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Some families confused by change to free and reduced lunch program

Pandemic-era waivers provided free meals to all students in schools across the country. Then it ended. Now school lunch debt is on the rise again nationwide.

ALEXANDRIA, Va. — School officials in Alexandria are working to educate families about the federal Free and Reduced Meal (FARM) program. During the pandemic, school lunch was free for all students in the country, regardless of income because of pandemic-era waivers. 

When the waivers expired in 2022, putting an end to the universal free meals, families had to reapply in order to qualify for assistance again. This is the second school year where families have had to apply for FARM. Since then, school districts, including Alexandria have had to manage confusion from parents who didn't have to pay for lunch during the pandemic. 

"Nutrition is the crux of everything we do," said Dr. Eric Coleman, Director of Nutrition Services for Alexandria City Public Schools. 

Coleman says nutrition plays a crucial role in students' education.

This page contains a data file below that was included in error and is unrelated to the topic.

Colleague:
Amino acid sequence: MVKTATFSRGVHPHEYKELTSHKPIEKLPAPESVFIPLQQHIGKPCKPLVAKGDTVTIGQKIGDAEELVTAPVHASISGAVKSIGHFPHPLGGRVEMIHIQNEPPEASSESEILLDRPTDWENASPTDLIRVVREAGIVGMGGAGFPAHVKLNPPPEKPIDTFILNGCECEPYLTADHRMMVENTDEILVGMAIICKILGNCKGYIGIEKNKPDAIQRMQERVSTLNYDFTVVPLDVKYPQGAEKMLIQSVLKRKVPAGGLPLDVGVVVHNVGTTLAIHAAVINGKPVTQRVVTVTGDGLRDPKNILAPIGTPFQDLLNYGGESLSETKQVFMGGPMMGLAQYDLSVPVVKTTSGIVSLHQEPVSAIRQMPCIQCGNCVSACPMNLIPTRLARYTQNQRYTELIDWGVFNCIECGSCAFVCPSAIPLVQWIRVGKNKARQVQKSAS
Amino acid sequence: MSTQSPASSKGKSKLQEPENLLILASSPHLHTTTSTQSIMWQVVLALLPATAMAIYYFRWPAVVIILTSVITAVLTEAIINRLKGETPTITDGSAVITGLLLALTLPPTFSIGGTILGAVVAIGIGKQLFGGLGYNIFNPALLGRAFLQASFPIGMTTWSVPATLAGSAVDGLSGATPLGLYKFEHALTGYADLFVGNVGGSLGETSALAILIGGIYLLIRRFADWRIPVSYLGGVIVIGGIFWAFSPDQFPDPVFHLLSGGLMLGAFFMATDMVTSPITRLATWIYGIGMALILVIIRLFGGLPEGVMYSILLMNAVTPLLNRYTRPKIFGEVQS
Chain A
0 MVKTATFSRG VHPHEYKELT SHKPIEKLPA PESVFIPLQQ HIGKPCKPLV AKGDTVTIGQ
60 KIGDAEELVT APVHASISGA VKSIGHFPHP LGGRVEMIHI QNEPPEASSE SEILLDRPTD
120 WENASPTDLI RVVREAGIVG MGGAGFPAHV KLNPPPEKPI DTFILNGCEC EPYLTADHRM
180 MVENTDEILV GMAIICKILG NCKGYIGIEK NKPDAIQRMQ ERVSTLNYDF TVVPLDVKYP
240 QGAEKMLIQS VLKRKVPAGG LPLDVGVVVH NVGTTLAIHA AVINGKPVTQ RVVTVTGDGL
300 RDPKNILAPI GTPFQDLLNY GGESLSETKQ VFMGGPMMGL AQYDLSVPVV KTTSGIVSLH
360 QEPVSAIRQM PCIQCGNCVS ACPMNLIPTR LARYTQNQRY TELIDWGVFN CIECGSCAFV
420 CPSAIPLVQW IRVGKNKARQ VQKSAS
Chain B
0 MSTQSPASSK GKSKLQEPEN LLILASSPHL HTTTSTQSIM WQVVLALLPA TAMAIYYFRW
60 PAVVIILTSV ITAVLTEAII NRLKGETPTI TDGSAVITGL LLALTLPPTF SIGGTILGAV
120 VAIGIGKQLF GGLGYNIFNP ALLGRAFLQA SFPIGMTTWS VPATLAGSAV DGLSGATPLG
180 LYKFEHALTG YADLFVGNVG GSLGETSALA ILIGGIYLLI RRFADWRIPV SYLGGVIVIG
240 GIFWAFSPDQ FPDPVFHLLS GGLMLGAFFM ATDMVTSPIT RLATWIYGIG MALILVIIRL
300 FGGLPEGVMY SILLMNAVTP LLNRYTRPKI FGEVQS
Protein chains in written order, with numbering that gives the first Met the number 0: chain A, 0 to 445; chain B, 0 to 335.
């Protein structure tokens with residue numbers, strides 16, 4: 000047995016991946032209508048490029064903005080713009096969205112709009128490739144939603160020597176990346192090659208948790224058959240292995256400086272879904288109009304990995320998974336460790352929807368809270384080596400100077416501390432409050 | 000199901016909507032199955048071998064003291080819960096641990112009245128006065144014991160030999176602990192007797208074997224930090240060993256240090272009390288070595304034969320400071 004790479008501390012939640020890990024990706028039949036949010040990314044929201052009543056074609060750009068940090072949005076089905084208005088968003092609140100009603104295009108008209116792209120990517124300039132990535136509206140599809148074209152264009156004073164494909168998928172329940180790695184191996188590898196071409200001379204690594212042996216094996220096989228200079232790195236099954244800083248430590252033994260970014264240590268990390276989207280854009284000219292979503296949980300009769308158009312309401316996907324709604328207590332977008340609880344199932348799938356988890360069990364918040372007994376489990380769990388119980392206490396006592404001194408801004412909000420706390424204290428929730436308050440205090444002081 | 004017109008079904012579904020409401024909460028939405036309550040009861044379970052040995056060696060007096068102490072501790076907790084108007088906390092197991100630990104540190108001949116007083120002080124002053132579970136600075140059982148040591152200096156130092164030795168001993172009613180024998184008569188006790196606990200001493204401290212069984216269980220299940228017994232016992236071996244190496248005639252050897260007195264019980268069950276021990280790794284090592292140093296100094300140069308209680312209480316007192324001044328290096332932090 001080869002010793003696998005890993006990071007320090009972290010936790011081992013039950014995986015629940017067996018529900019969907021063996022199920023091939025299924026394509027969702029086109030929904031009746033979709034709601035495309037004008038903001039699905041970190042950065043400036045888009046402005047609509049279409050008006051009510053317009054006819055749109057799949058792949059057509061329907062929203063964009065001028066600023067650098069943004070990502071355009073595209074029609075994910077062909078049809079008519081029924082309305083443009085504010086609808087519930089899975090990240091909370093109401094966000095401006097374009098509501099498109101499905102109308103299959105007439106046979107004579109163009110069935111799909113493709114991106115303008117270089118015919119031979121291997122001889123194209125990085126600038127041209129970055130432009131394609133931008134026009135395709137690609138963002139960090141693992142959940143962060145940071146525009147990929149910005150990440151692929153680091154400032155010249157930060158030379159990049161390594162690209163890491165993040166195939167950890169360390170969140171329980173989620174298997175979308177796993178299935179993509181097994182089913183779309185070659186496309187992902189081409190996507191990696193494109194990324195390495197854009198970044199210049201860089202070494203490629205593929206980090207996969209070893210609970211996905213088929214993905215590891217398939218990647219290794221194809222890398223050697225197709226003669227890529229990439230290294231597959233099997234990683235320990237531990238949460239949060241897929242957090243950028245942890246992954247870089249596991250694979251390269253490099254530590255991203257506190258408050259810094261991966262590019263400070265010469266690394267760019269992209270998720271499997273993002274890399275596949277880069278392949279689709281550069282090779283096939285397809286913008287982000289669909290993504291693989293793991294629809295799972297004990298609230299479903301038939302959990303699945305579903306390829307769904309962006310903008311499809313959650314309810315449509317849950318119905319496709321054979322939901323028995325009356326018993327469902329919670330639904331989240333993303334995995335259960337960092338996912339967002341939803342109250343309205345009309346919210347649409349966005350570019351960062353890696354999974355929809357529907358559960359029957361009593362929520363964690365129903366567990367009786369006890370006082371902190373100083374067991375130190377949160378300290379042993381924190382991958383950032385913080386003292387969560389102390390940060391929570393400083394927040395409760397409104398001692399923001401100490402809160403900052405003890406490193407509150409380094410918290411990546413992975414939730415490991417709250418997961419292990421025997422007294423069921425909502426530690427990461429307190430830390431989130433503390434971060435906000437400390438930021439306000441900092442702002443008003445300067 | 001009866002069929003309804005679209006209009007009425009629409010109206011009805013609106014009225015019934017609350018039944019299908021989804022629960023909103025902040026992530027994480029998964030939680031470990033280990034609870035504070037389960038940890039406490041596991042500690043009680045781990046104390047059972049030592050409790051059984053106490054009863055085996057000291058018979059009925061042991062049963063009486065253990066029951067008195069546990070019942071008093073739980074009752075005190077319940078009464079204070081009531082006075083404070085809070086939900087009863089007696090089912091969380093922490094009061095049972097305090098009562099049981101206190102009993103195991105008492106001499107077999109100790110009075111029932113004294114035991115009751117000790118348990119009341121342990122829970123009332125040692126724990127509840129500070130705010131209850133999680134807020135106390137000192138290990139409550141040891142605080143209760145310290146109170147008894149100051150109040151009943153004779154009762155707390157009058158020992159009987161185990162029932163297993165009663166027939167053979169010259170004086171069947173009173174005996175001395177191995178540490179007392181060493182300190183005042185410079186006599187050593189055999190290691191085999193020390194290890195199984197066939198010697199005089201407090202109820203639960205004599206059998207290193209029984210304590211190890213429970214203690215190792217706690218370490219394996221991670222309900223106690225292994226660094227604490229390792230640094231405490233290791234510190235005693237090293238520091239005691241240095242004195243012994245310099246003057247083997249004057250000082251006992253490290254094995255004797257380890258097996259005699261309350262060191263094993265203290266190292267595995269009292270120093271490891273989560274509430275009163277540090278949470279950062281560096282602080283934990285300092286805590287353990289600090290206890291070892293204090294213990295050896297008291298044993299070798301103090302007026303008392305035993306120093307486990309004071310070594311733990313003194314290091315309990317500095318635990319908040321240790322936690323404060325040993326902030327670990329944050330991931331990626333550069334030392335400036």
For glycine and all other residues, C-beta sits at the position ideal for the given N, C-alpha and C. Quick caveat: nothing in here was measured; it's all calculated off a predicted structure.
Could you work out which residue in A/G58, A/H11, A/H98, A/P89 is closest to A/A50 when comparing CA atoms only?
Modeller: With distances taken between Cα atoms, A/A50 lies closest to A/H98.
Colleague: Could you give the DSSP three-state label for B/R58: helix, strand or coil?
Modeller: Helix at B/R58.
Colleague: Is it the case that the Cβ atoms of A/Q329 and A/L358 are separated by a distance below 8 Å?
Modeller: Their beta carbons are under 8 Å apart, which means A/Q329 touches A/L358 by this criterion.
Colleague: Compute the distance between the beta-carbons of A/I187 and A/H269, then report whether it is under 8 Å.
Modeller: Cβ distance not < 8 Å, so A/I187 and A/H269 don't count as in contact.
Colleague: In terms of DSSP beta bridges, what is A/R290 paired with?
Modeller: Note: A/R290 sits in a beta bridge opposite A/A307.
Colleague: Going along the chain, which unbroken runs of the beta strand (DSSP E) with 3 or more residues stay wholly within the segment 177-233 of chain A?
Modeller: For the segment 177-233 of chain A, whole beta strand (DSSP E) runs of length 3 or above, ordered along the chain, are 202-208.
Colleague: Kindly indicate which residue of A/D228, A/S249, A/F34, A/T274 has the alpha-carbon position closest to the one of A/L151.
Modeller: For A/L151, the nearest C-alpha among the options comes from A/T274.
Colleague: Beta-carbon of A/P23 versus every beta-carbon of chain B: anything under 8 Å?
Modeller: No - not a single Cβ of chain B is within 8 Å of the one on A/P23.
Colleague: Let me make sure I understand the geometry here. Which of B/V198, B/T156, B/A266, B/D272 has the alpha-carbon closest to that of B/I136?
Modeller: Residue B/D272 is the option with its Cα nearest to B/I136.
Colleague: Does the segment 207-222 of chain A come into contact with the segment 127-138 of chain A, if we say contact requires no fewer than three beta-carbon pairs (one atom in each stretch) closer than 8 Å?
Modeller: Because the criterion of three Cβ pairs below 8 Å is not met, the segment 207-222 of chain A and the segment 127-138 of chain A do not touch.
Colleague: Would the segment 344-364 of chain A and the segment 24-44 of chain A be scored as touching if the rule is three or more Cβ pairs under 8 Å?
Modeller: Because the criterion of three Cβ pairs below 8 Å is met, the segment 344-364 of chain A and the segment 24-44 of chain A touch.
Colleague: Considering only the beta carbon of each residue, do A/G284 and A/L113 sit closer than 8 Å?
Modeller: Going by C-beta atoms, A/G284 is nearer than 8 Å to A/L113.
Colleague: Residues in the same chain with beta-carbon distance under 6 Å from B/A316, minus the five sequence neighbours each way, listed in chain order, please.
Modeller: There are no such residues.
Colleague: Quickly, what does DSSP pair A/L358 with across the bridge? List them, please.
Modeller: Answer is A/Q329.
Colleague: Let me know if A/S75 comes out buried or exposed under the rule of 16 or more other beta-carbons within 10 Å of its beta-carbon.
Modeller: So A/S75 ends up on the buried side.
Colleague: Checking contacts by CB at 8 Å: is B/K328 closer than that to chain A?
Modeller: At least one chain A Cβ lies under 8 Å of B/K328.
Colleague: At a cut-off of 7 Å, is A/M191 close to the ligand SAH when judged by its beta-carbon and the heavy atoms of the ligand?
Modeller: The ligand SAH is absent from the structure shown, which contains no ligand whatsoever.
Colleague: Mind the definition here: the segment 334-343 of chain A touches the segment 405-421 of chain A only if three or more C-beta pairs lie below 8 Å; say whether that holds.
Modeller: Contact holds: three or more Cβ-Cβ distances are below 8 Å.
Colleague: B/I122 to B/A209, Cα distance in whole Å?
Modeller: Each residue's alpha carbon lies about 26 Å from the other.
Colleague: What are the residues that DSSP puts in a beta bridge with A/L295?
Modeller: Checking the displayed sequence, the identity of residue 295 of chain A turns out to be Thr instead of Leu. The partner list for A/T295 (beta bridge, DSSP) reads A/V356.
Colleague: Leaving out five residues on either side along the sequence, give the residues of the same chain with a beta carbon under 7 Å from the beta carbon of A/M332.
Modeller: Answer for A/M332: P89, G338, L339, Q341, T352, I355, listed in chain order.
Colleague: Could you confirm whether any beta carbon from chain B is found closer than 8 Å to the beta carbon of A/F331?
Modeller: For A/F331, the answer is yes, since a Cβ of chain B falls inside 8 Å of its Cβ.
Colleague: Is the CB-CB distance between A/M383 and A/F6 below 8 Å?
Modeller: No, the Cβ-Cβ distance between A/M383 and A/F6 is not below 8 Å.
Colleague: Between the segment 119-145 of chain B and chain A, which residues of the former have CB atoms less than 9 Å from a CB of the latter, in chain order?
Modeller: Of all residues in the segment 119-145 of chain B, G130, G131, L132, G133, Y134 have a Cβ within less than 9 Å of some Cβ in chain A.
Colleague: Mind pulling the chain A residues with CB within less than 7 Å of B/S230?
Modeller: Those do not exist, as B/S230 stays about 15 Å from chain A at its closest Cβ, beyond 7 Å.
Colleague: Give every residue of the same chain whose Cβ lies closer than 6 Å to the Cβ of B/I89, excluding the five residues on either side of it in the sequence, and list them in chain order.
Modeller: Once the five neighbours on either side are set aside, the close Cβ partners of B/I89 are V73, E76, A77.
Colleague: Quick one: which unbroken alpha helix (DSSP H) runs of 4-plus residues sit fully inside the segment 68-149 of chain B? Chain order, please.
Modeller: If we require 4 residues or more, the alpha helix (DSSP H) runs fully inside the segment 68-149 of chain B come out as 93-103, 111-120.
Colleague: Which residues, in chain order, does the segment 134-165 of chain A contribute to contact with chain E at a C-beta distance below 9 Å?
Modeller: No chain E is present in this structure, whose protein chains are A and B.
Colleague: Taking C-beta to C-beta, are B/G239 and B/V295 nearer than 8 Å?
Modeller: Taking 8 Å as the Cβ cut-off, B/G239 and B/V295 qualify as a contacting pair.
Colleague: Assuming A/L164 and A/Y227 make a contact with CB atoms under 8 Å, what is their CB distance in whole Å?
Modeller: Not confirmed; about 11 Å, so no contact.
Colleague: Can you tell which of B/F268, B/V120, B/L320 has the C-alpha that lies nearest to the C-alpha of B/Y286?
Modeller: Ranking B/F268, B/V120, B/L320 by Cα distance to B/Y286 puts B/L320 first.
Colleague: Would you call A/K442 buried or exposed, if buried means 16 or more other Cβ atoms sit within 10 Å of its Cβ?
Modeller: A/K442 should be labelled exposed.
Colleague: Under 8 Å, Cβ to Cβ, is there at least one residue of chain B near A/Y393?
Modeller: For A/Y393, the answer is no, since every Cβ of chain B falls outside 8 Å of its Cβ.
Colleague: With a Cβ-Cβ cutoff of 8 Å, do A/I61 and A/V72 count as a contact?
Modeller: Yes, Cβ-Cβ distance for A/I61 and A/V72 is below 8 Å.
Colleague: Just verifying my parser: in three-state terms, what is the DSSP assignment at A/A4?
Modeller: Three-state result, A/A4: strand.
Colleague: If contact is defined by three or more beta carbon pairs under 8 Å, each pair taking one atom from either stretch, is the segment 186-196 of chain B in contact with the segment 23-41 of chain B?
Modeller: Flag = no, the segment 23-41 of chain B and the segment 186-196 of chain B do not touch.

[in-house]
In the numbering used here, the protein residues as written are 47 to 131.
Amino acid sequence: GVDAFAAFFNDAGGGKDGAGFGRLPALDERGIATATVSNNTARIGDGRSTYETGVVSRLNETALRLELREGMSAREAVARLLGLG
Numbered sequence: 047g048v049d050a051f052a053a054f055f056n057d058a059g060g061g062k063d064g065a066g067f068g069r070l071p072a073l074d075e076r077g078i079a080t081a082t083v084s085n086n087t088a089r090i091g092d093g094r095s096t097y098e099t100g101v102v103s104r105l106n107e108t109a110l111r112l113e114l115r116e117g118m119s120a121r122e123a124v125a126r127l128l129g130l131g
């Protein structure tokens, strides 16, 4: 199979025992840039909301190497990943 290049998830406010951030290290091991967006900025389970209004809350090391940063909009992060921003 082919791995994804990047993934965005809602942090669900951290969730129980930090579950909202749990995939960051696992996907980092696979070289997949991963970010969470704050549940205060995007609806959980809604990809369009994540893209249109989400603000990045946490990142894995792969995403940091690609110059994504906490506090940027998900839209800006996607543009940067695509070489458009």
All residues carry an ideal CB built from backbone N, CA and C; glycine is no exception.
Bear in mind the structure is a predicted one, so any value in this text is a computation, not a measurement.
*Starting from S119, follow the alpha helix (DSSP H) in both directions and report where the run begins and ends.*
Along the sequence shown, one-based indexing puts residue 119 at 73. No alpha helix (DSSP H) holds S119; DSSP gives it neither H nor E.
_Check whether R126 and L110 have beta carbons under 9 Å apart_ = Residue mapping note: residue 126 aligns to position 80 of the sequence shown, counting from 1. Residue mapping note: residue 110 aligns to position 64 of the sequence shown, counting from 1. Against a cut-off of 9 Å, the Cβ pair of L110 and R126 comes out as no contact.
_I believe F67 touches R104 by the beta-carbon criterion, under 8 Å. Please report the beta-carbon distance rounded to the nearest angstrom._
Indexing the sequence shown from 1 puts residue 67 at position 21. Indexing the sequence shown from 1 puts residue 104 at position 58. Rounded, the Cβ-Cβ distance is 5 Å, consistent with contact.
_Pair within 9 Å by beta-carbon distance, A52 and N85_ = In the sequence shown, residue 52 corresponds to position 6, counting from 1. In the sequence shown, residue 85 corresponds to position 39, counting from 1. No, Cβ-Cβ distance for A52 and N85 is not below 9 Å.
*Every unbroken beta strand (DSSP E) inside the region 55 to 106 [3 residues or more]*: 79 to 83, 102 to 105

"When they come to school they can show up ready, willing, able, full bellies in the classroom and they will have everything they need to perform academically," said Coleman. 

The payment model for schools reverted back to what it was before the pandemic, with eligibility based on income. Nationwide, that has led to a return of school lunch debt. Last year schools saw $19 million in unpaid meal debt, according to a recent study survey from the School Nutrition Association. The high levels of debt, potentially a sign that families are struggling to make ends meet. 

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In Alexandria, 10 out of the 18 schools qualify for the USDA's Community Eligibility Provision (CEP), which allows schools in low-income areas to give all their kids in that particular school free lunches, regardless of the individual student's eligibility. 

But for students at other schools in the district, an application still needs to be submitted to be eligible for free meals. While it is ACPS policy to never turn away a student if they don't have money to pay for lunch, Coleman says he hopes this push will help families understand the programs that are available to them. 

School officials are encouraging families to fill out the paperwork to see if they qualify. They can fill out the application online, or even come to ACPS' central office where staff will walk them through the process. 

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